Society is not what it used to be. While many of our parents were married with children by the time they turned 22, our generation are just graduating from college. As for finding someone you want to marry? Well, that’s not exactly a priority.
However, do we really have ten years more than our parents to experiment and learn from our relationship mistakes?
We spoke to Counselling Psychologist Susan Eustace, the clinical director of the Centre for Professional Therapy, about the best way to navigate your twenties in terms of relationships, and how to reach that 30th birthday without going into panic mode.
“For young women the situation is complex. Our bodies are designed to have children in our twenties. So if a young woman enters university at 18 and completes a couple of degrees, then travels for a year or two, she will be in her mid to late 20s when she gets her first real job and into her thirties before she is in anyway financially stable. If in that time she hasn't given attention to forming and maintaining romantic relationships she may find she has a lot to learn in a short space of time.”
This pressure may cause us to make bad choices in terms of partners, but Susan says that you should always listen to your gut feeling:
“I encourage my clients to listen to their gut feelings, their intuition. Often people are amazed at just how accurate their gut feelings have been over the years and wonder what might have been had they paid attention to them.”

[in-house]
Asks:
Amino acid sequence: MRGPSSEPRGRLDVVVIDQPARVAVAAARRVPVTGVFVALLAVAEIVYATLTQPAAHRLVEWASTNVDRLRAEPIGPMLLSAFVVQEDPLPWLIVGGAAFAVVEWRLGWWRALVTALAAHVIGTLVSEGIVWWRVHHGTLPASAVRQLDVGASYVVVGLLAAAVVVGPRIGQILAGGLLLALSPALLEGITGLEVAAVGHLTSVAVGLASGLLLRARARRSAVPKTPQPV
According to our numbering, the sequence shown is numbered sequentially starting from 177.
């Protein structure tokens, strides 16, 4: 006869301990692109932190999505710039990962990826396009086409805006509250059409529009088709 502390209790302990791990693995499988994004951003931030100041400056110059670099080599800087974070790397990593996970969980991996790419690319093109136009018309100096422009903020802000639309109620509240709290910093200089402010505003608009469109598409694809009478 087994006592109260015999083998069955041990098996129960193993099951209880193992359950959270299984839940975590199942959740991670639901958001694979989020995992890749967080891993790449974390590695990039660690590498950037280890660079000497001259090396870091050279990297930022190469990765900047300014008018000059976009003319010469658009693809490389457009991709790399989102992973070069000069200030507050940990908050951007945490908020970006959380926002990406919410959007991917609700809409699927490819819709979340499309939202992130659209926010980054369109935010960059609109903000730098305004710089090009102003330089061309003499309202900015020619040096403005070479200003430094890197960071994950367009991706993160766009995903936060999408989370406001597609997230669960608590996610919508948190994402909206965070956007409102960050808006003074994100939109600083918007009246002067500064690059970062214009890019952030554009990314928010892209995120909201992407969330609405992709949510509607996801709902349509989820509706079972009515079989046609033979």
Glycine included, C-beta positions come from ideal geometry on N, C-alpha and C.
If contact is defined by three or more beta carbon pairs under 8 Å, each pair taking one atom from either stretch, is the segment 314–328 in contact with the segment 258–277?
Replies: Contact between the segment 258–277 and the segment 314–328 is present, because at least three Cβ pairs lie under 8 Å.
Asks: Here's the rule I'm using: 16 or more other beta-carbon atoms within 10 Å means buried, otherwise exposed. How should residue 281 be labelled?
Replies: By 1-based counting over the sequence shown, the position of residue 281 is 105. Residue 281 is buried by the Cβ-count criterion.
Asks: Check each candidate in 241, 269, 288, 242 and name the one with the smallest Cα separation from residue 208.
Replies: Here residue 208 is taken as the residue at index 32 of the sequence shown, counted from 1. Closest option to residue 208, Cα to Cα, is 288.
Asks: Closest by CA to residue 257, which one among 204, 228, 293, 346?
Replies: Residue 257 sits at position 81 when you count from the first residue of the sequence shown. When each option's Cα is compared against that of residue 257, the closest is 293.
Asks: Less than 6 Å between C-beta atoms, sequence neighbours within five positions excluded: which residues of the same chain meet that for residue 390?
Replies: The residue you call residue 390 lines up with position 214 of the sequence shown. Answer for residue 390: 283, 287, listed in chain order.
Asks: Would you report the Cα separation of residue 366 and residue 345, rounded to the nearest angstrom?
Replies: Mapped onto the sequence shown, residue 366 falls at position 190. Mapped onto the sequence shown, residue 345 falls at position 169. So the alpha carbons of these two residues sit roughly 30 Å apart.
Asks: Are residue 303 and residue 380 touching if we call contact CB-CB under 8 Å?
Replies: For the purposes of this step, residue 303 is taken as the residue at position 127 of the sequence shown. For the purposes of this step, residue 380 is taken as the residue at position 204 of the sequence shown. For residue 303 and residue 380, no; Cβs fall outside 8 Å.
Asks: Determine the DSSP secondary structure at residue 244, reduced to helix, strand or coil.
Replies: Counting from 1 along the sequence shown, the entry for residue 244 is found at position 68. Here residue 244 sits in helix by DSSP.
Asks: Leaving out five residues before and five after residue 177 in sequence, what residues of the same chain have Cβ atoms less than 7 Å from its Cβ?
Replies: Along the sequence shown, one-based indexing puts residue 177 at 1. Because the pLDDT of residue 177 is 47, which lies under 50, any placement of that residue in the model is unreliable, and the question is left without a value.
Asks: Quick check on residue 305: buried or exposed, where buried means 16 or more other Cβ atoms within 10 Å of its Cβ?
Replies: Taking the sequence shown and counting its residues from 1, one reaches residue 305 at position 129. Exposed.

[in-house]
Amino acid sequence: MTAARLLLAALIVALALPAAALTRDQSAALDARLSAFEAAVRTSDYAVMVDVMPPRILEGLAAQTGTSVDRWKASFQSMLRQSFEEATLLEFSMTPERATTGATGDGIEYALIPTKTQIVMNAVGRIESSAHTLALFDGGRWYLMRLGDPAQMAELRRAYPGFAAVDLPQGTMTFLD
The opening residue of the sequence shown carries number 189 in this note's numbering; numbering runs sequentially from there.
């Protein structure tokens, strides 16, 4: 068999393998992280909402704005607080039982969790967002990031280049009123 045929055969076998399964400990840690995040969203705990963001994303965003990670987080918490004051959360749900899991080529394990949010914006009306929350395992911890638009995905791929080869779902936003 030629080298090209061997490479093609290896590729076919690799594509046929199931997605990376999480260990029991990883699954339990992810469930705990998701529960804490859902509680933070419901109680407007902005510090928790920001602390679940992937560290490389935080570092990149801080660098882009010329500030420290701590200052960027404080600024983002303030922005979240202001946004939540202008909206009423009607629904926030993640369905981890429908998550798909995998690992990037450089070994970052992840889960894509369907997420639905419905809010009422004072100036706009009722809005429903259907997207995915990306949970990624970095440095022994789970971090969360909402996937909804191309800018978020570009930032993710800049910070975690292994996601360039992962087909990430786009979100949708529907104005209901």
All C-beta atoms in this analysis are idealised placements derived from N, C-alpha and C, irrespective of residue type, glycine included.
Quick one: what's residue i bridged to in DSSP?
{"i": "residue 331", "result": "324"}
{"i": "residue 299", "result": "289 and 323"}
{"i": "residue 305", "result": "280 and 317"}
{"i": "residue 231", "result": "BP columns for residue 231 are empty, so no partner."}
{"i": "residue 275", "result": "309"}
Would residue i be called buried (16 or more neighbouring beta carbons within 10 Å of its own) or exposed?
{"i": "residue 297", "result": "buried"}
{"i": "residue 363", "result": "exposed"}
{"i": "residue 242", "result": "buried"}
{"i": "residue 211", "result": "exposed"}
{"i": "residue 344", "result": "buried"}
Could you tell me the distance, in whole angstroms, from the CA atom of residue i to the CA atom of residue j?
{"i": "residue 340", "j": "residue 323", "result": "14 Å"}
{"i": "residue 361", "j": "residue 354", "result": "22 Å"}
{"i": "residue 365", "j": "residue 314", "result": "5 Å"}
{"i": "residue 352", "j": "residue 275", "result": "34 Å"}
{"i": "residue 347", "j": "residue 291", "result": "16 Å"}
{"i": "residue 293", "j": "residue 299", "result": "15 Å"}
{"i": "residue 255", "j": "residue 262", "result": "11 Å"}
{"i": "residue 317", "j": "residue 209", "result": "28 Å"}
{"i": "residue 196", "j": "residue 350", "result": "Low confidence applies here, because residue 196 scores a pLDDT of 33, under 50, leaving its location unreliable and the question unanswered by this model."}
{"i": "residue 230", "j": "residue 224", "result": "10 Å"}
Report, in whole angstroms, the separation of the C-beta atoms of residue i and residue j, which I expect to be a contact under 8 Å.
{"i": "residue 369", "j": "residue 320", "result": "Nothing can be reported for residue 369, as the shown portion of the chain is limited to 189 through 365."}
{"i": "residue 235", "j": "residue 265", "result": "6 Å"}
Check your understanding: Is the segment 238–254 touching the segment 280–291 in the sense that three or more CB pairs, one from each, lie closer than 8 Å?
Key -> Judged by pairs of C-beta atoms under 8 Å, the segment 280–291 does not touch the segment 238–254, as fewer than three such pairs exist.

And if you’ve found you’ve gone from one bad relationship to another in your 20s, it’s time to take a step back:
“It can be very useful to take a step back and try to see what is similar about the men with whom we have been unsuccessfully involved. I encourage everyone to reflect on how they would like their life to be, who they would like to share it with and why. It can also be very useful to look for exceptions. Were there any relationships that worked better?
“Successfully negotiating our twenties involves quite a balancing act. On the one hand we need to try out different ways of being, to experiment and get to know ourselves, on the other hand we need to keep one eye on our biological clock. Although society has changed and from that perspective 30 may be the new 20, our bodies are very slow to change and so there are certain important life choices that simply cannot be postponed.”